Germany and Denmark certainly got the memo. The two nations have been collaborating on a Baltic wind development initiative, as a key part of an elaborate roadmap for breaking fossil energy ties with Russia.
“The aim is to establish offshore wind as the ‘Green Power Plant of Europe,’ leveraging both the North Sea and the Baltic Sea,” we noted.
“Denmark and Germany have already gotten the ball rolling. A newly announced interconnection to Denmark’s planned offshore hub will enable Germany to access at least 3 gigawatts of Baltic Sea wind,” we noted.
“Sweden and other Baltic nations are already jumping on the electrofuel bandwagon. Denmark and Germany have also laid the groundwork for a Power-to-X industry, and the Action Plan commits them to further development,” we added, referring to the use of renewable energy to produce green hydrogen.
In May of 2022, we also noted a link between Sweden’s interest in joining NATO and its plans to develop two wind farms in the Baltic Sea.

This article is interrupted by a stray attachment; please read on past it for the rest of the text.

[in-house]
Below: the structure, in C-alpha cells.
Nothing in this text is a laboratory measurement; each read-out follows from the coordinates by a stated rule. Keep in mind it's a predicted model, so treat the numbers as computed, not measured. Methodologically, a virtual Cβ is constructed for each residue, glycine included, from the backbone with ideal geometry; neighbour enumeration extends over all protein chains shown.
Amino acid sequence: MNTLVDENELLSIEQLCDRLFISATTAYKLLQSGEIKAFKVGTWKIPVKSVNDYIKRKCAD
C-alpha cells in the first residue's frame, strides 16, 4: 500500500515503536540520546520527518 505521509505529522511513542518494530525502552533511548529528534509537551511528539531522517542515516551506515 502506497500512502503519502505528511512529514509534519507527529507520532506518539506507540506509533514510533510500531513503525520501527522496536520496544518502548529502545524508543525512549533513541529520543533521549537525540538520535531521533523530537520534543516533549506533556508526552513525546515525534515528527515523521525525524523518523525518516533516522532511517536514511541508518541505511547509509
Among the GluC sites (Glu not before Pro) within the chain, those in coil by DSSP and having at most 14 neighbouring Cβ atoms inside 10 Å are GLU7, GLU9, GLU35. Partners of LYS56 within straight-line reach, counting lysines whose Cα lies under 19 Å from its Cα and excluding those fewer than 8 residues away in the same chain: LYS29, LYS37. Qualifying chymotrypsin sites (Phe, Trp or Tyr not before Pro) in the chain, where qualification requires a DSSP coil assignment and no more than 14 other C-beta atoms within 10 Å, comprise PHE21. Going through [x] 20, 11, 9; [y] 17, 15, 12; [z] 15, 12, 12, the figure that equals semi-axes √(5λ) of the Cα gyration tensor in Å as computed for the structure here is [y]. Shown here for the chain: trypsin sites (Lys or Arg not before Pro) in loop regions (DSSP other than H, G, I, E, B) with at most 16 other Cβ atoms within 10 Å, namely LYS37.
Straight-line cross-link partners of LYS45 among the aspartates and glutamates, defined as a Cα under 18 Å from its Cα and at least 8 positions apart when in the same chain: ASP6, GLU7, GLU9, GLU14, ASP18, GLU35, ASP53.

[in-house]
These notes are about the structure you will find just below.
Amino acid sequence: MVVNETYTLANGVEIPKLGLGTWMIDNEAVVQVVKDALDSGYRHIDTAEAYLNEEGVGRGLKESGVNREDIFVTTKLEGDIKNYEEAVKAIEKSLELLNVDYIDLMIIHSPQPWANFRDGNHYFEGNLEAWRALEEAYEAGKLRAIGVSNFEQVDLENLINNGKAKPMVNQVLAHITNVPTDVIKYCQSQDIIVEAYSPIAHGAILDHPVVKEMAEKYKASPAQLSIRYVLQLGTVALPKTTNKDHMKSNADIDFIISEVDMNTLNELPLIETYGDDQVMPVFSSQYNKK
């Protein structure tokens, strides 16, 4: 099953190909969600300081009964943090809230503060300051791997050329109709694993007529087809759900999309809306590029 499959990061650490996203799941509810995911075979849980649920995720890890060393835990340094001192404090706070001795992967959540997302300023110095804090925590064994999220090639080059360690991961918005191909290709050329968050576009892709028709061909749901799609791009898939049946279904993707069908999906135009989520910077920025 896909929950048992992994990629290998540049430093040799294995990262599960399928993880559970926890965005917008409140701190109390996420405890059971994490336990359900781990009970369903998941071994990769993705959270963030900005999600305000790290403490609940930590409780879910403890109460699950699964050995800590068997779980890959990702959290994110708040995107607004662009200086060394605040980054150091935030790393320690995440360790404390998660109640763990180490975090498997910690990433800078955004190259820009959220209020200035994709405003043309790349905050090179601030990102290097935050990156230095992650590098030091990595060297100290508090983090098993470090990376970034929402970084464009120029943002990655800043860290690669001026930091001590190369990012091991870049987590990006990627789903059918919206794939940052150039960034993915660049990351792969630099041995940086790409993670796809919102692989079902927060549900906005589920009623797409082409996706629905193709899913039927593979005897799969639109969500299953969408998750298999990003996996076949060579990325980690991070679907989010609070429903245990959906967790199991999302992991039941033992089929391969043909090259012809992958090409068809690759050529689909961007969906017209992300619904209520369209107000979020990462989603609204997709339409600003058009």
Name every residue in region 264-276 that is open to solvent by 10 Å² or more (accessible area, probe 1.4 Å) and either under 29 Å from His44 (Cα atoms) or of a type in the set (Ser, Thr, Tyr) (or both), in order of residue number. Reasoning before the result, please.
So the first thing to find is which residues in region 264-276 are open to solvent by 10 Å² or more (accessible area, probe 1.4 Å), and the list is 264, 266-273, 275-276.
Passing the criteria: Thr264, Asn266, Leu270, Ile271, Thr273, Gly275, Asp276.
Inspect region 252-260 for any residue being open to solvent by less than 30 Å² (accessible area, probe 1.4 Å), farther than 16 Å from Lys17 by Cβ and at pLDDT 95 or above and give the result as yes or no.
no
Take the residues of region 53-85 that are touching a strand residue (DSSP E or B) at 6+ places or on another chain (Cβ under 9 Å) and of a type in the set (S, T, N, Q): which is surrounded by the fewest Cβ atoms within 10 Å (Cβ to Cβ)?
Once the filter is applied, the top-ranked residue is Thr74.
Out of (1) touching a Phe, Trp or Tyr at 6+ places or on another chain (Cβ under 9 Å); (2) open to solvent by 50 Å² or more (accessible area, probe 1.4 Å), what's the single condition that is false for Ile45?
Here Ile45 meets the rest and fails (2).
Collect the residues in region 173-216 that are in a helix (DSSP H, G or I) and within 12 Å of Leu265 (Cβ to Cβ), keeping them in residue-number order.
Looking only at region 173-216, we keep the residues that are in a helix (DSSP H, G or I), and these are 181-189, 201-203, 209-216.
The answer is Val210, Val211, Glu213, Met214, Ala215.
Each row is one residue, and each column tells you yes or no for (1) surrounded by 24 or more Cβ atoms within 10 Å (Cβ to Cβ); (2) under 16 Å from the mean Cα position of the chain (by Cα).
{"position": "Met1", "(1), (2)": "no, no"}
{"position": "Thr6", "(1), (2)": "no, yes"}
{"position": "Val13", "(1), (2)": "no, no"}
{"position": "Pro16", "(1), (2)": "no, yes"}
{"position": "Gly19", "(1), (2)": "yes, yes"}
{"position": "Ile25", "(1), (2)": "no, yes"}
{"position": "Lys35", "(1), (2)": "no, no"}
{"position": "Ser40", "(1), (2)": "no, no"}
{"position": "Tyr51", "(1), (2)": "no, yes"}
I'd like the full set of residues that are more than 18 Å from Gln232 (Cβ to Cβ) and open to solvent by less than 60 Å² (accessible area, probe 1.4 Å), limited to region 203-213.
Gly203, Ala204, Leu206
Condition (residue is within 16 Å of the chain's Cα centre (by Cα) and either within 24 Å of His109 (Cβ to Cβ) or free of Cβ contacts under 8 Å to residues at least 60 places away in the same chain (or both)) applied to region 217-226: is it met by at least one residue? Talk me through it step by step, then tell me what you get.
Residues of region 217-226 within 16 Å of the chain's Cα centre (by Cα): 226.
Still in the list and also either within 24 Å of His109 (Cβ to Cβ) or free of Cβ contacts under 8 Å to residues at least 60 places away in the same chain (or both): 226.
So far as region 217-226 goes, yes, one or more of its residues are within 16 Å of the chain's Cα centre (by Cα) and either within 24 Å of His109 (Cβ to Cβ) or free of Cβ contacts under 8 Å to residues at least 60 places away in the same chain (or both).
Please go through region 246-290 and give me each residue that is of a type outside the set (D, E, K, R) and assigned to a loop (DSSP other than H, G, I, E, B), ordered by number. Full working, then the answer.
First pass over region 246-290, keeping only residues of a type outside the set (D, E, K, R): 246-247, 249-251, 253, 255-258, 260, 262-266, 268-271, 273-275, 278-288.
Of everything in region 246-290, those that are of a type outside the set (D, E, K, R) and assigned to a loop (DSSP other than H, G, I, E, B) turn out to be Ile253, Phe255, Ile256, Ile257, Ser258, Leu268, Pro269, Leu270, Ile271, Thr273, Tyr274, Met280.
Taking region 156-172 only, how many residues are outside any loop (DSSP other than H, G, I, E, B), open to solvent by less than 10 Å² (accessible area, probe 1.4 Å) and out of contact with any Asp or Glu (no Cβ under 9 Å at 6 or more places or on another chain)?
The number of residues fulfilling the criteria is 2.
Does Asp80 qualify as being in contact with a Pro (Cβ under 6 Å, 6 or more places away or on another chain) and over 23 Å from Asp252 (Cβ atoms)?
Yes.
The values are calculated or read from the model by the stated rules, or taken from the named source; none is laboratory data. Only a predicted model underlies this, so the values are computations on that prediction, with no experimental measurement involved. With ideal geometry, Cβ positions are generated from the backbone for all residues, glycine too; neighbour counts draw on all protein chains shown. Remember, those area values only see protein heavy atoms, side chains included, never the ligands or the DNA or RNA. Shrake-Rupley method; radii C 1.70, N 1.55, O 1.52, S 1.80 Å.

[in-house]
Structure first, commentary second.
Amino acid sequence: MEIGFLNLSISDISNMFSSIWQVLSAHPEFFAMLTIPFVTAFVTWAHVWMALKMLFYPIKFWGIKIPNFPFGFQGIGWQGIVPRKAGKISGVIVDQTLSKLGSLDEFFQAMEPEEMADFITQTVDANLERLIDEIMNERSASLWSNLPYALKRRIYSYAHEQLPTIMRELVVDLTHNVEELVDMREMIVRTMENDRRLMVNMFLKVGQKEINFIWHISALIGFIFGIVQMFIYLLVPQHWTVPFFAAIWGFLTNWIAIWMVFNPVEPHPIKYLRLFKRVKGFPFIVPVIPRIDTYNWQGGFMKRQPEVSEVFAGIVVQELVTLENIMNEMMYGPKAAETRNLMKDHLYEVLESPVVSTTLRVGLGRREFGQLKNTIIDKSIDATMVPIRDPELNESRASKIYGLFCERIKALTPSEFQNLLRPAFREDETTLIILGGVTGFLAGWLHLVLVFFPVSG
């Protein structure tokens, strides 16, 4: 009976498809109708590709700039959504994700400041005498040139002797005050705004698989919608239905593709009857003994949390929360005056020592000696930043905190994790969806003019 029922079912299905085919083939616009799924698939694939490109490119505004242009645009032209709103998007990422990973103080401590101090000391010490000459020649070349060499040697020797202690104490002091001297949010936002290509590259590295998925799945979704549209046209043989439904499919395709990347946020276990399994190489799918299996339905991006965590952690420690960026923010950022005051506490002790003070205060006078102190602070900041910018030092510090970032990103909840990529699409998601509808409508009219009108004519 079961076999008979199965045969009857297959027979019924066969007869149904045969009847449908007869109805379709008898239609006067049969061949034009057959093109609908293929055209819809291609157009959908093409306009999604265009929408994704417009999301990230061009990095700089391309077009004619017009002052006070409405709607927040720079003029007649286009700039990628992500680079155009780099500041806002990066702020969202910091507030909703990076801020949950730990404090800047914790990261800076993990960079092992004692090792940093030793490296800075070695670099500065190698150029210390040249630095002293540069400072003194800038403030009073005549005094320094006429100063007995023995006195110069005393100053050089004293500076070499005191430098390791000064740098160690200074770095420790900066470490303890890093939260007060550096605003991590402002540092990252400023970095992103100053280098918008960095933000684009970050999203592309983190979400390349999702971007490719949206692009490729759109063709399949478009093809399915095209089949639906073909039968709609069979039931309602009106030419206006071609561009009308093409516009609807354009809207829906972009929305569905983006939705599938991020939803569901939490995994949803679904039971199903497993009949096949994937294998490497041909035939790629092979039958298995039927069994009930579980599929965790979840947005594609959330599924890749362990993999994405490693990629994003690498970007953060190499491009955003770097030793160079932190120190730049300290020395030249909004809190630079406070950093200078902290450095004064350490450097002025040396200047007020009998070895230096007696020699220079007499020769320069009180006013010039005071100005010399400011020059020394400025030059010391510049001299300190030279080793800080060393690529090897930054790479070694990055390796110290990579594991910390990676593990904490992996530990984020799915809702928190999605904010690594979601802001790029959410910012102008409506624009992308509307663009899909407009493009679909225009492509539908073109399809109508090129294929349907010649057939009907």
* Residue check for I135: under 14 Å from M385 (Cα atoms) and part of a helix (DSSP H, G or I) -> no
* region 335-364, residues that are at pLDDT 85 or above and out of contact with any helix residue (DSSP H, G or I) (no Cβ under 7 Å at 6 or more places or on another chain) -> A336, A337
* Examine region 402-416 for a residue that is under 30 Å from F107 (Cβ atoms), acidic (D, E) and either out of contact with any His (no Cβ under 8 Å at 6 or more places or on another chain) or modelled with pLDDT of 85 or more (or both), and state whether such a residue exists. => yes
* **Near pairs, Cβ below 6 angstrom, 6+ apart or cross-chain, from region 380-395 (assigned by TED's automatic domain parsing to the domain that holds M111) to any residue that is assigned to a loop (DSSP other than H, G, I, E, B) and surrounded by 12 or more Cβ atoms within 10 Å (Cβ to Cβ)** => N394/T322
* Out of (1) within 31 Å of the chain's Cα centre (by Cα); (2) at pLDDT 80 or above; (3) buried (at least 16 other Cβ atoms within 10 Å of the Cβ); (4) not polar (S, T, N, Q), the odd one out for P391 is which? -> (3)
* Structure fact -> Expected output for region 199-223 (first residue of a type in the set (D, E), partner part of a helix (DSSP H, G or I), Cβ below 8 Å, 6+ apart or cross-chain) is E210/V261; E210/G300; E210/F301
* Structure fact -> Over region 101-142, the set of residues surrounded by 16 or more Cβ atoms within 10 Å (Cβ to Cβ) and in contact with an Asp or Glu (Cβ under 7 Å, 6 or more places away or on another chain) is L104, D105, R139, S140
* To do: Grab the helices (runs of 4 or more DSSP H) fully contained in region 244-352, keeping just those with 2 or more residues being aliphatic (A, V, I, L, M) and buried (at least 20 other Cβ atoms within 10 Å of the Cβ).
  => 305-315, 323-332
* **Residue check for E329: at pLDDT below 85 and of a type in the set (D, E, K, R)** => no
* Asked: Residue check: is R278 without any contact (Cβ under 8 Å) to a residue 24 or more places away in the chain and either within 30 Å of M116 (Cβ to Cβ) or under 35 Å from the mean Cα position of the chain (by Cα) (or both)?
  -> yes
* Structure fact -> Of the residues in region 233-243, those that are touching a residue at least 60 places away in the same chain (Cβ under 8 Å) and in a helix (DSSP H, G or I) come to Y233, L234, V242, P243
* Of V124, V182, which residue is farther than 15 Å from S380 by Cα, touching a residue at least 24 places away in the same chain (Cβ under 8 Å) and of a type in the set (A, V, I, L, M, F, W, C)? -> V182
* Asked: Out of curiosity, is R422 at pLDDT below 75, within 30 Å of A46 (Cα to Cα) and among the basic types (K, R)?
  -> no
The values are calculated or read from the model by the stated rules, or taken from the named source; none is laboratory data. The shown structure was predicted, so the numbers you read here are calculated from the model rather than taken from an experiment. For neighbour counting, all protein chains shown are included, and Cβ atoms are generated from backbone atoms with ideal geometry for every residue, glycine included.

“No wonder Sweden is suddenly keen on the idea of joining NATO,” we observed. “The famously neutral nation is getting ready to park 4.75 gigawatts worth of floating offshore wind turbines in the Baltic Sea, which happens to be the stomping grounds of the Baltic Fleet of the Russian Navy, which is apparently revving up operations in the region.”
Activity has been picking up in the two years since 2022. Among the latest news, Ibderola is working on a 476-megawatt wind project for Germany off the Baltic Sea island of Rügen Island, with commissioning expected later this year.
A 700-megawatt wind project is also in the works for Lithuania, under a partnership between Ignitis Renewables and Ocean Winds. Clocking in as the largest ever energy project in Lithiuania, the new wind farm alone is expected to meet 25% of the country’s current electricity demand. Apparently the developers are in a race with Ibderola to see who can commission their project first.
The 1.14-gigawatt Baltic Power project off the coast of Poland is also currently under construction with a startup date of 2026 in sight.
With all these projects in mind, the intertwining of offshore wind with national security could become yet another hotspot in European-Russian relations, so hang onto your hats.
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Image (cropped): Offshore wind turbines (the V236-15.0 MW™) courtesy of Vestas.